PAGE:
Editor’s note: On Aug. 5, the D-Q University Board of Trustees ordered the sweat lodge at D-Q to be closed and sent police to interrupt the Inipi ceremony that was already in progress. Those gathered for prayer were ordered off the premises and forced to leave the Inipi fire burning.
A letter addressed to the D-Q Board of Trustees has recently been circulated throughout the community. The letter was written by Pat Wright in support of her husband, Bill Wright (Wintun/Patwin) and his perceived role as an “Indian doctor” at D-Q University.
Mrs. Wright states that she and her husband have invested a great deal of “time and energy” at D-Q over the past 25 years. She goes on to infer that since the school is situated on land within the historic territory of the Wintun/Patwin tribes, that Mr. Wright should have religious oversight at the institution – an authority Mrs. Wright refers to in the letter as the “hierarchy of territory.”
While I respect Mr. Wright and support his dedication to the spiritual needs of members of the California Indian community, I must take issue with Mrs. Wright’s assessment of any so-called religious “hierarchy” at D-Q University.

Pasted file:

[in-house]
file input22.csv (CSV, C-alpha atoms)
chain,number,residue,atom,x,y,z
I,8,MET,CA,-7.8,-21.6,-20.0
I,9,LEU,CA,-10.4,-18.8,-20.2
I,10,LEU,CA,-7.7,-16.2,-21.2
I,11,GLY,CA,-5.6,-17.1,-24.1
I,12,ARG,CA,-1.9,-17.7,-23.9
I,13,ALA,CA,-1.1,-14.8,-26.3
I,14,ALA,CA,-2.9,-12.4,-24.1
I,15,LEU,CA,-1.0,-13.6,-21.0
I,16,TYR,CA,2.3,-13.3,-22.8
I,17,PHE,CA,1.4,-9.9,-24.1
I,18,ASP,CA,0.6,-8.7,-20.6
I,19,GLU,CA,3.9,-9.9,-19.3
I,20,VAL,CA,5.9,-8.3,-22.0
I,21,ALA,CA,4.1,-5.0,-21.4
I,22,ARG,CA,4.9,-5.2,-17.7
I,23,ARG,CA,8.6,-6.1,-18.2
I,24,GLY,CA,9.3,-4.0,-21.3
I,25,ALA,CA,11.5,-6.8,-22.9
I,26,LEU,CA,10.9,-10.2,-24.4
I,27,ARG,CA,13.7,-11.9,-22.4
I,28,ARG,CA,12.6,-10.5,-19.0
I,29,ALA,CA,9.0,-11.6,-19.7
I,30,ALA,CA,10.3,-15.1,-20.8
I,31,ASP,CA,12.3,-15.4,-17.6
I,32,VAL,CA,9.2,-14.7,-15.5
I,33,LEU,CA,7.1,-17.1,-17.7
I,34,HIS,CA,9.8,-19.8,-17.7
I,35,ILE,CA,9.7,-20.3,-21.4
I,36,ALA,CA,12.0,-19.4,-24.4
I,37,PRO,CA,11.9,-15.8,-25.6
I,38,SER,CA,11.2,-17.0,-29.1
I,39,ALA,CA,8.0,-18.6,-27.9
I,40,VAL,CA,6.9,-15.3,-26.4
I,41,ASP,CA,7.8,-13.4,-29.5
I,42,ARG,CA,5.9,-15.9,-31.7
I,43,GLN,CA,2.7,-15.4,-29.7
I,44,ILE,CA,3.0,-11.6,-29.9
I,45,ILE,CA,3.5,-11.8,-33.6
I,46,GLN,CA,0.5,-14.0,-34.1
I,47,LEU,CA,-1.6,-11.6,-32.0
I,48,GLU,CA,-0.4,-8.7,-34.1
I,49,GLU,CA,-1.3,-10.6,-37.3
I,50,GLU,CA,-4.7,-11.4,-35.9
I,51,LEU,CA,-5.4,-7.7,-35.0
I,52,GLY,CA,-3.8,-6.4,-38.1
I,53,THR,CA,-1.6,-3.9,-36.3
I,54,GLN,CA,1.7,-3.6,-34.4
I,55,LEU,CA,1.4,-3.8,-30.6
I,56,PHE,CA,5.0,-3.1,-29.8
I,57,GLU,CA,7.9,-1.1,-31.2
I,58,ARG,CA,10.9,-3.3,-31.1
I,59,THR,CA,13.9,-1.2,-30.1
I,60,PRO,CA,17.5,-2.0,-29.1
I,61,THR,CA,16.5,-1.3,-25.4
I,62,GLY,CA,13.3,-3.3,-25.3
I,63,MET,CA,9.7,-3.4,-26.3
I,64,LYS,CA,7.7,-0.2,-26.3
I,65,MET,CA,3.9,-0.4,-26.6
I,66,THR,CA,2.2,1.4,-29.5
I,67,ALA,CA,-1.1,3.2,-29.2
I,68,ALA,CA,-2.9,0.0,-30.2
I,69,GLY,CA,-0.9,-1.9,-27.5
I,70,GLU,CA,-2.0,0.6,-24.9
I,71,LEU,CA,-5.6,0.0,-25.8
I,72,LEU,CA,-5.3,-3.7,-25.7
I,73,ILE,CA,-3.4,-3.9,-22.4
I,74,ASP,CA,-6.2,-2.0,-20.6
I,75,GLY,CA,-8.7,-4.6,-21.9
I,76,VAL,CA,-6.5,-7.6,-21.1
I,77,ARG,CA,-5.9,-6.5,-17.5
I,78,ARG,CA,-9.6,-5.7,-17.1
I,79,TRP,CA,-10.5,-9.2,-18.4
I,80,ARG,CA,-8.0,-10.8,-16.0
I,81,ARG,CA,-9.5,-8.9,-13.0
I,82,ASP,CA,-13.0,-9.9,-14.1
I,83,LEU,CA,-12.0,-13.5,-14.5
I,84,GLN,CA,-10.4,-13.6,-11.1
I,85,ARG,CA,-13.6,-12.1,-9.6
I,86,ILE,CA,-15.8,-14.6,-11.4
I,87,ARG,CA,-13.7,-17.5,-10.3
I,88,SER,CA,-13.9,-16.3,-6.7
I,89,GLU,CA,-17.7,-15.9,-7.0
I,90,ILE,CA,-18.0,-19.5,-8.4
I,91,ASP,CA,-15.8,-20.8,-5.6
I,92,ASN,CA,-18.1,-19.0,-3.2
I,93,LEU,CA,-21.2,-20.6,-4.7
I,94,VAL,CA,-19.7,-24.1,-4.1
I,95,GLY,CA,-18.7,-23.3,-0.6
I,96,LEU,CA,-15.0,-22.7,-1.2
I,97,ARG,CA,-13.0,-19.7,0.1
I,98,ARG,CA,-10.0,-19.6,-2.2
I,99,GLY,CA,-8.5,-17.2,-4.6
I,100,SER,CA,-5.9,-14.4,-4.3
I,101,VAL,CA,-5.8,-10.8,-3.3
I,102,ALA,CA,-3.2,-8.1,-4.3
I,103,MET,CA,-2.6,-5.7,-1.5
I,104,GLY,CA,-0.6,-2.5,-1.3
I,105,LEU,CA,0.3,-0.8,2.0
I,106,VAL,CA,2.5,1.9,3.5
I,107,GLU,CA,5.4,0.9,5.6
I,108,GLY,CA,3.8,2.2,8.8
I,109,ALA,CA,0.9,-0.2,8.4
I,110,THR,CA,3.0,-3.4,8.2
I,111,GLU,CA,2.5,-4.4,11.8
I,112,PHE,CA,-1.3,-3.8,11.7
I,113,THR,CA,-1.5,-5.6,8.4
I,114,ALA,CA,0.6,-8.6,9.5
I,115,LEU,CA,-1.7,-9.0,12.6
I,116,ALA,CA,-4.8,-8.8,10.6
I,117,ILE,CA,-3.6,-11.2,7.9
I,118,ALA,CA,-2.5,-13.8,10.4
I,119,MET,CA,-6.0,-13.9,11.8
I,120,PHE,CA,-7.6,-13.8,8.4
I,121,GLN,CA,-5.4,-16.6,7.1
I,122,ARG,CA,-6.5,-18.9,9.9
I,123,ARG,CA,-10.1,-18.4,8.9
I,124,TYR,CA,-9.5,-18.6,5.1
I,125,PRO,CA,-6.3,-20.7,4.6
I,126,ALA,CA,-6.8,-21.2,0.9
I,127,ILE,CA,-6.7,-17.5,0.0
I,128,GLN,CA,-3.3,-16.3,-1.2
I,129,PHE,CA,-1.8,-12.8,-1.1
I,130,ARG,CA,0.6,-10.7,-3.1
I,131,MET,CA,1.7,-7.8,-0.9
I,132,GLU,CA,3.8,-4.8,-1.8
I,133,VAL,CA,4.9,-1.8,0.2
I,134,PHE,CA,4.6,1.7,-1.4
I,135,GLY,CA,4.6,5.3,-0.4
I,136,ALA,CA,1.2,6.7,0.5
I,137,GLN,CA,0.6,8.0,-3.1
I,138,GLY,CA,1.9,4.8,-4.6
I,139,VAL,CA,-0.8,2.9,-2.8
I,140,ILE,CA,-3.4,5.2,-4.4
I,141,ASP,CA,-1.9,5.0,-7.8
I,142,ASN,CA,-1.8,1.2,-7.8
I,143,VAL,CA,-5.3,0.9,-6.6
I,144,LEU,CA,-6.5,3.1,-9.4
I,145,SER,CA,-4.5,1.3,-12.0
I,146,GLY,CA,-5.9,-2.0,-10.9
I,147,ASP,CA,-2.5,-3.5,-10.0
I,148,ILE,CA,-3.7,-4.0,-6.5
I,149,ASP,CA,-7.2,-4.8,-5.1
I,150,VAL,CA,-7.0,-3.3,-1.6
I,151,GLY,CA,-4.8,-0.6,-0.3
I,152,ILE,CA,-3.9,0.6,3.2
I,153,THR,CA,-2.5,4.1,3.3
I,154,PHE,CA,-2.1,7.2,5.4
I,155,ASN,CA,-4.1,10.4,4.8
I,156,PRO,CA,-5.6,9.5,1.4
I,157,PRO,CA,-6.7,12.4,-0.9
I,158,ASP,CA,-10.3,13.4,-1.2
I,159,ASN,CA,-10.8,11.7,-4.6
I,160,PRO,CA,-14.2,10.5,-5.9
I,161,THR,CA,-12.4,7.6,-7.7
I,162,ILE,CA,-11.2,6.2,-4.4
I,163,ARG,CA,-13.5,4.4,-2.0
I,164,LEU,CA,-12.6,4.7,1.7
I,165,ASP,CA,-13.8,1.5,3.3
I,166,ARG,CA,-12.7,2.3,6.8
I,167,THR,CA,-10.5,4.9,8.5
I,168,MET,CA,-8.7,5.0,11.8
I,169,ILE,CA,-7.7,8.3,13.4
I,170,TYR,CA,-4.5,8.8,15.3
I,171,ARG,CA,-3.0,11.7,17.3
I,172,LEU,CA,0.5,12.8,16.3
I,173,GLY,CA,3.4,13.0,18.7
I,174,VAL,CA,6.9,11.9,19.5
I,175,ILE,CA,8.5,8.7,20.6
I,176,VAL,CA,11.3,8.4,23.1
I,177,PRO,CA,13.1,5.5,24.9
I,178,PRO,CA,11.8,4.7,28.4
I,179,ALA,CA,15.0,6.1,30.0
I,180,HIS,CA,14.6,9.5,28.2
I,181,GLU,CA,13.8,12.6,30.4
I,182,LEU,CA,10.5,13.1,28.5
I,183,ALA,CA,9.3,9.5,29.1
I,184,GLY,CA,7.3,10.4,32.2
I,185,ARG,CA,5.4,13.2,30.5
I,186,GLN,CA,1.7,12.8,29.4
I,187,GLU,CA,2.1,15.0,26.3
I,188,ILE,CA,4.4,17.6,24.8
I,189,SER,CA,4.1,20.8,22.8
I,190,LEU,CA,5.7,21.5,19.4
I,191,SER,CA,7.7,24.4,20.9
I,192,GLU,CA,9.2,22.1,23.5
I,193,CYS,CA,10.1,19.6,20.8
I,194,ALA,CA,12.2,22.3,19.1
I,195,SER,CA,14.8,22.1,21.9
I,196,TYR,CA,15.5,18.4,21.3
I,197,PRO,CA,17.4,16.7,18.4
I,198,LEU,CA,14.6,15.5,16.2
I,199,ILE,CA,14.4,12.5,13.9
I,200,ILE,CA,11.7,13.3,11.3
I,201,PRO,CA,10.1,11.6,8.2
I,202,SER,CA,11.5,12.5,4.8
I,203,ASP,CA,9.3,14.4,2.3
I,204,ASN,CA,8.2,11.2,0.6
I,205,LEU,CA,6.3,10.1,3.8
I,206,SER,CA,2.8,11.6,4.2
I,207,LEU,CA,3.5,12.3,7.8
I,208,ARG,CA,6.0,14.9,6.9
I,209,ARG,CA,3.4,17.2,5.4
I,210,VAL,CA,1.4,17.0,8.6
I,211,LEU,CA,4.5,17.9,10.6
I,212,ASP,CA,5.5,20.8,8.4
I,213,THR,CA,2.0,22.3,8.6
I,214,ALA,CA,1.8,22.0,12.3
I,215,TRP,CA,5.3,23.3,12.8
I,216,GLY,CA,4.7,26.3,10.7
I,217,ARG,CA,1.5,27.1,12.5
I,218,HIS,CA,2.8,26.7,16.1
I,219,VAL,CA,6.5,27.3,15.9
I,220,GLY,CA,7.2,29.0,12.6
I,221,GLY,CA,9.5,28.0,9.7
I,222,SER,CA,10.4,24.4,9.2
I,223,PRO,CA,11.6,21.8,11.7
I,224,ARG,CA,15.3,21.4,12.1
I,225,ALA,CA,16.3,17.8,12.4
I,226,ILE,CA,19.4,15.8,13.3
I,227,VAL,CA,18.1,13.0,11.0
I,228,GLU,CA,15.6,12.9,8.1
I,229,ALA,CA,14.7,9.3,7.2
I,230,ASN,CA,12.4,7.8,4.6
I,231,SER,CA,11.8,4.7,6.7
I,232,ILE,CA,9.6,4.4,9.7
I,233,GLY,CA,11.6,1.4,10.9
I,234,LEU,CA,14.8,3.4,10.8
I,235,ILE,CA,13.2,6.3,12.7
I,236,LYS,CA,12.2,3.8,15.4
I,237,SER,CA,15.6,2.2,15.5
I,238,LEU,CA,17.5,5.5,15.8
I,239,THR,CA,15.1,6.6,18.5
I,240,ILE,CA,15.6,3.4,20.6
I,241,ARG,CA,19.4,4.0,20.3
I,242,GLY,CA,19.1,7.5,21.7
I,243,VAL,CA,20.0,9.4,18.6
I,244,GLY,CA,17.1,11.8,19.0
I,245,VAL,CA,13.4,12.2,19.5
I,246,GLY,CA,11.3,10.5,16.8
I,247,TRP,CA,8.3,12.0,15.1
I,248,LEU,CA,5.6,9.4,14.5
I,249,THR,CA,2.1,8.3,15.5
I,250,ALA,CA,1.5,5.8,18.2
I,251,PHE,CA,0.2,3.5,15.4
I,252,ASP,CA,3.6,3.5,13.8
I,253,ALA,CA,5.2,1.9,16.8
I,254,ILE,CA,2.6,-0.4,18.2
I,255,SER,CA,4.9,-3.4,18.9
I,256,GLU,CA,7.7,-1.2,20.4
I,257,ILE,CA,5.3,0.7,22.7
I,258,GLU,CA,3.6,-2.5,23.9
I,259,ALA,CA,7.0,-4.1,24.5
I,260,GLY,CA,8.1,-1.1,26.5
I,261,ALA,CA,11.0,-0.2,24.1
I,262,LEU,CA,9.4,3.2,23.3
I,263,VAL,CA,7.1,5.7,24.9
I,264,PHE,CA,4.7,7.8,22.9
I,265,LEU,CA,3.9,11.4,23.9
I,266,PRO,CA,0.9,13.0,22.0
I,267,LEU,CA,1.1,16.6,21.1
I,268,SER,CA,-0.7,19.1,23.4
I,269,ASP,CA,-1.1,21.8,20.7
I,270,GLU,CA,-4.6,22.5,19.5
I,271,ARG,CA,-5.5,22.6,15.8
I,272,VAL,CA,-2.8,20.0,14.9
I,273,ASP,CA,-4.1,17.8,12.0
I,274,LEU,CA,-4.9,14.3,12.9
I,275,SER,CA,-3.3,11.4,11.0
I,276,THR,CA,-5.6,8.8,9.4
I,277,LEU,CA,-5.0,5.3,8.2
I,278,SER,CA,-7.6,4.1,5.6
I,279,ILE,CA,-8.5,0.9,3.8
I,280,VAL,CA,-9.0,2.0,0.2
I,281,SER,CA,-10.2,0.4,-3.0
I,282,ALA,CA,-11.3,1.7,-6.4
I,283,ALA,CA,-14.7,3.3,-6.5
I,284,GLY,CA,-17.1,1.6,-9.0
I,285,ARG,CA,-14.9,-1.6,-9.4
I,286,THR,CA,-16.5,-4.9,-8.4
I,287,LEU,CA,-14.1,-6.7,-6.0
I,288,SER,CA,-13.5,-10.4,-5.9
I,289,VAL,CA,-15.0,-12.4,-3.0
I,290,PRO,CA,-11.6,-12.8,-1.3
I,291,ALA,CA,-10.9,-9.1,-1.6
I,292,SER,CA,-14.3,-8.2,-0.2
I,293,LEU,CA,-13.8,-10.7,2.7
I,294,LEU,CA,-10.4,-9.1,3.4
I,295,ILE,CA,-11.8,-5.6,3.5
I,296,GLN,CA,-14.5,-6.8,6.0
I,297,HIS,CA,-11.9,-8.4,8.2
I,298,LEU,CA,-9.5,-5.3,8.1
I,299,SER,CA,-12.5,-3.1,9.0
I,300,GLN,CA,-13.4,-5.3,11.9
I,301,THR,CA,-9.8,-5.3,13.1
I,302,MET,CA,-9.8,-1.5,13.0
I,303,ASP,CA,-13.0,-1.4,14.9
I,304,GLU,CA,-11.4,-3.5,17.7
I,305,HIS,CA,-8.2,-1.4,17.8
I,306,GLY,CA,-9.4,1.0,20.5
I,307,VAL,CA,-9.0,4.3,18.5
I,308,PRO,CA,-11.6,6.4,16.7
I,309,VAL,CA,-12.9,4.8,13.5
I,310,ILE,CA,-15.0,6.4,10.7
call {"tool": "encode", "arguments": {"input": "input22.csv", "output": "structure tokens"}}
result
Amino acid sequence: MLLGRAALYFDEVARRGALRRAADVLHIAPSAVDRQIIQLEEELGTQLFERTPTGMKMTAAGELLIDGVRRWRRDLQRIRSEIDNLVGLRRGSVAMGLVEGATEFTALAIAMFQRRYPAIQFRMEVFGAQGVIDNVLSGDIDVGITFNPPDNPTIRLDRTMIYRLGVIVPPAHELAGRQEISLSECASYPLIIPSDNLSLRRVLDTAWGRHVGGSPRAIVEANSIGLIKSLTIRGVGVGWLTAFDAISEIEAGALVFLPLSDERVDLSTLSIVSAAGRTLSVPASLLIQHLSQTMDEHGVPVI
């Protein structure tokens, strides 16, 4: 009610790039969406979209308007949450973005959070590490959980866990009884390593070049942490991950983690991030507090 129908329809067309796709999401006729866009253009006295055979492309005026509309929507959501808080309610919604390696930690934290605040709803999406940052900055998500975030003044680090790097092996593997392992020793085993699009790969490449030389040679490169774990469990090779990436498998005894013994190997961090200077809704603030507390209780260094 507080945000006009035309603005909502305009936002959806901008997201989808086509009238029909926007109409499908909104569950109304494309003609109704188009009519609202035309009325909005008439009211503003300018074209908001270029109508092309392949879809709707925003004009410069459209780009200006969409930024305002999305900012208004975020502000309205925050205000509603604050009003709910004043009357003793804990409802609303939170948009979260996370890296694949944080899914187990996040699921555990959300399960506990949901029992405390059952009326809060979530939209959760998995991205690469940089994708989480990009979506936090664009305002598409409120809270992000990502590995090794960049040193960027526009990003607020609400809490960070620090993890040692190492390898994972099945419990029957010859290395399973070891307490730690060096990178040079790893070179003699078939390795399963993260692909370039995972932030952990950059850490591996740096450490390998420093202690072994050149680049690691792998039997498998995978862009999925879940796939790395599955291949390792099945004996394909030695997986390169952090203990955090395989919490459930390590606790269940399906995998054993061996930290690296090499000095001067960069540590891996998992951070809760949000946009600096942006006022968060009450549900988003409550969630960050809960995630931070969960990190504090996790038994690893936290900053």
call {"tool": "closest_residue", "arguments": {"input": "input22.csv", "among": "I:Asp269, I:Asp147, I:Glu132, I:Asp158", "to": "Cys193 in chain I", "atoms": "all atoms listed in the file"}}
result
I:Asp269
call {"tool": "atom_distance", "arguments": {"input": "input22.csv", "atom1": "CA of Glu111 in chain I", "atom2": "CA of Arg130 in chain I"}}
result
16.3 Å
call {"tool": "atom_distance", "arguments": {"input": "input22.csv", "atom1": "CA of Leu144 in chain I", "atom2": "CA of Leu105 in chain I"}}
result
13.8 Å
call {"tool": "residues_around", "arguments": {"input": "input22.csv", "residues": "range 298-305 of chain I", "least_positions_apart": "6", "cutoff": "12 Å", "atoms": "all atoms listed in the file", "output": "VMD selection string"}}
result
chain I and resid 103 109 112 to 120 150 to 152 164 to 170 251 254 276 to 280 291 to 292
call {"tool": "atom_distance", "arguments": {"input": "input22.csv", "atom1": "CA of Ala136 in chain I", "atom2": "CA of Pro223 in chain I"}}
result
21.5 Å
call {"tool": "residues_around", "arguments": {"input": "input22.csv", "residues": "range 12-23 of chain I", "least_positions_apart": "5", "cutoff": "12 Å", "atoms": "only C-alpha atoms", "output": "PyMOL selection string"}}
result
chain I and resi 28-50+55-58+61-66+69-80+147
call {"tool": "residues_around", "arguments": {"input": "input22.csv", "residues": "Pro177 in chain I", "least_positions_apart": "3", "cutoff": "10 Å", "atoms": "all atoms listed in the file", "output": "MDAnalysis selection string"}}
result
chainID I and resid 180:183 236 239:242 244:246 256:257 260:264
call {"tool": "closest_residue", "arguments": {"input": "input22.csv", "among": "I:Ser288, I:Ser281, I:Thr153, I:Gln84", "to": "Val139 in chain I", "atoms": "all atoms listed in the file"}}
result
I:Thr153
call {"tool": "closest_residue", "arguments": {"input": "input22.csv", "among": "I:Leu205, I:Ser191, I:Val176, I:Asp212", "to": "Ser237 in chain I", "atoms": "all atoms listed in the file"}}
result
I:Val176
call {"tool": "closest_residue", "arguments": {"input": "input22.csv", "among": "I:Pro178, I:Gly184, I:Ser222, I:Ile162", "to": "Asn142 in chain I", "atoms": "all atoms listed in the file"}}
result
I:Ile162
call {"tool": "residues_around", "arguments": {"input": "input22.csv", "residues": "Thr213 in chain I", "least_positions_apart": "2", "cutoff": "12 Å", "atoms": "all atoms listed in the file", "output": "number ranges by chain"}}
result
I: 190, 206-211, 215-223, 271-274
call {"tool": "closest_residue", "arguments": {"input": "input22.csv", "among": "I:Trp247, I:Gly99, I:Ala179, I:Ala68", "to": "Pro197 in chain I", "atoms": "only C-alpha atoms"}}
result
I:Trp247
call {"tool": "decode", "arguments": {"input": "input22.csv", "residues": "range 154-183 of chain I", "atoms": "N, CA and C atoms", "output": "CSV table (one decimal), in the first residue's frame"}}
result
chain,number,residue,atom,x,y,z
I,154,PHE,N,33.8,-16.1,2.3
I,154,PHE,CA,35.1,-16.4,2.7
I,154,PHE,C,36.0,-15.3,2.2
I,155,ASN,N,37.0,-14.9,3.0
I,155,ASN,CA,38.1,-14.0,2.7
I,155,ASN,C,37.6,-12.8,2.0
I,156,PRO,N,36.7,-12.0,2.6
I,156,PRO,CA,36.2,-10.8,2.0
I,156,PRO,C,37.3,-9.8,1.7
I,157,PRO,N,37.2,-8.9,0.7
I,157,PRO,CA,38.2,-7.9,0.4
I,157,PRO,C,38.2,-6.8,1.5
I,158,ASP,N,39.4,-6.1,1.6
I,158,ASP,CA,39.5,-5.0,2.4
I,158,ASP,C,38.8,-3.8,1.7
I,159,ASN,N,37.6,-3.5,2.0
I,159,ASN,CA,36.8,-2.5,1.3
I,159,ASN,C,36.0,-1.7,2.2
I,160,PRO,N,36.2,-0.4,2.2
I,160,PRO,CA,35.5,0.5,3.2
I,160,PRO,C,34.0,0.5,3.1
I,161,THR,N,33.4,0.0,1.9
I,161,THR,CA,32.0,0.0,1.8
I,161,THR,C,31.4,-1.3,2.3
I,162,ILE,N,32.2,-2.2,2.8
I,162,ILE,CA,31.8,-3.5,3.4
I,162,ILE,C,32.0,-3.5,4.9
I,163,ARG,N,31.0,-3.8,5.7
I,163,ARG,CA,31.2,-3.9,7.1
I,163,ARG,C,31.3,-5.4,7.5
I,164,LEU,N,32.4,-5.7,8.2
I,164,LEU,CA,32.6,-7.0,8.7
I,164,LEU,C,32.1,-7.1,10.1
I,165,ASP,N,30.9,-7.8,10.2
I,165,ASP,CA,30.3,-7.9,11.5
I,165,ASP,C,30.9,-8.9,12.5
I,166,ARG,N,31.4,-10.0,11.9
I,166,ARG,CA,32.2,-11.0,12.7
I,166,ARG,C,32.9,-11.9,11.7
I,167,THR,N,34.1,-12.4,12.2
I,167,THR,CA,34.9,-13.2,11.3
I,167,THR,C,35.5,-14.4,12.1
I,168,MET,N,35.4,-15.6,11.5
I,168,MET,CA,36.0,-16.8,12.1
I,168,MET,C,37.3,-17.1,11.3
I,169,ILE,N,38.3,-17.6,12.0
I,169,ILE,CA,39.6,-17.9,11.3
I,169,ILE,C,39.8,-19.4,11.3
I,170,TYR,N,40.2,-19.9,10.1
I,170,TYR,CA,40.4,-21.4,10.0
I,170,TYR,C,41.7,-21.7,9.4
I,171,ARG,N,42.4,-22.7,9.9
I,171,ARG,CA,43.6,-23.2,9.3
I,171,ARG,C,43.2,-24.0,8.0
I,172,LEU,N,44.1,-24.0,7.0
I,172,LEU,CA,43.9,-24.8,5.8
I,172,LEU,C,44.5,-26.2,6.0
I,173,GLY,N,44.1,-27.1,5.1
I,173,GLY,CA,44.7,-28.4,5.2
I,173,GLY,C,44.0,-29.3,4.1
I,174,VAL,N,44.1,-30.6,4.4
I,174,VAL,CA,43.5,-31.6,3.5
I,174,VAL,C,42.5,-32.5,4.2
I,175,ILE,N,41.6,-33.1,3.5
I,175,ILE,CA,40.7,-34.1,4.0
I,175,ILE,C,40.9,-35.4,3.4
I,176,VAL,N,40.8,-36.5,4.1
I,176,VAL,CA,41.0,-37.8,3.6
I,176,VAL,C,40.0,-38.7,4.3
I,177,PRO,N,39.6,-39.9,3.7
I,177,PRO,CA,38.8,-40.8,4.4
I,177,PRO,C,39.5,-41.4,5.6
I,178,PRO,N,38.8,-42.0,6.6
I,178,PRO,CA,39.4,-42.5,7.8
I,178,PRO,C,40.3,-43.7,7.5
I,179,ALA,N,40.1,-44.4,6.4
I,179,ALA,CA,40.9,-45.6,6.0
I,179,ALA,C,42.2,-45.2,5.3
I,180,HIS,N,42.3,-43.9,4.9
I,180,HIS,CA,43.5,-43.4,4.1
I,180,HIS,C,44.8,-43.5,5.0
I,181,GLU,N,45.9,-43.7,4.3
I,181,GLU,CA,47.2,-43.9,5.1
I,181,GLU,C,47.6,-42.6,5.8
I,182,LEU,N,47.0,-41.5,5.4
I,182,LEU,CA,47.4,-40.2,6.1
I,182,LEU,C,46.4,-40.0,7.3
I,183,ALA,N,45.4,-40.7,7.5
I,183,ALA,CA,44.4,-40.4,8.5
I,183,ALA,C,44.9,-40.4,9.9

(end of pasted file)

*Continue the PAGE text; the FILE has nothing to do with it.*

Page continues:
Mrs. Wright does not seem to understand D-Q’s complicated history, or the initial guidelines and objectives set in place during the institution’s founding. D-Q was not established solely as an institution for California Indians, but for Indians of all nations. This is an important fact that can easily be found in the school’s charter. I know this to be true because I have been working at D-Q since 1974 – some 10 years before Mr. Wright ever appeared on the scene.
D-Q University was founded in 1971 to provide a more appropriate, culturally-sensitive method of education for Native American students. It was one of the first six American Indian colleges in the United States. Among its educational objectives, the preservation of traditional Native religious values and practices was a major priority.
The story of Native Americans in California began with the indigenous people who lived here in harmony for thousands of years before Europeans and Americans disrupted the balanced system within which these people lived. But the story did not end there. In the 20th century, it came to include members of other tribes sent into the region as well. Being compelled to share territory is not a phenomenon exclusive to California Indians – it is just one part of the removal and relocation of Native people from ancestral homelands that has taken place on a nationwide basis.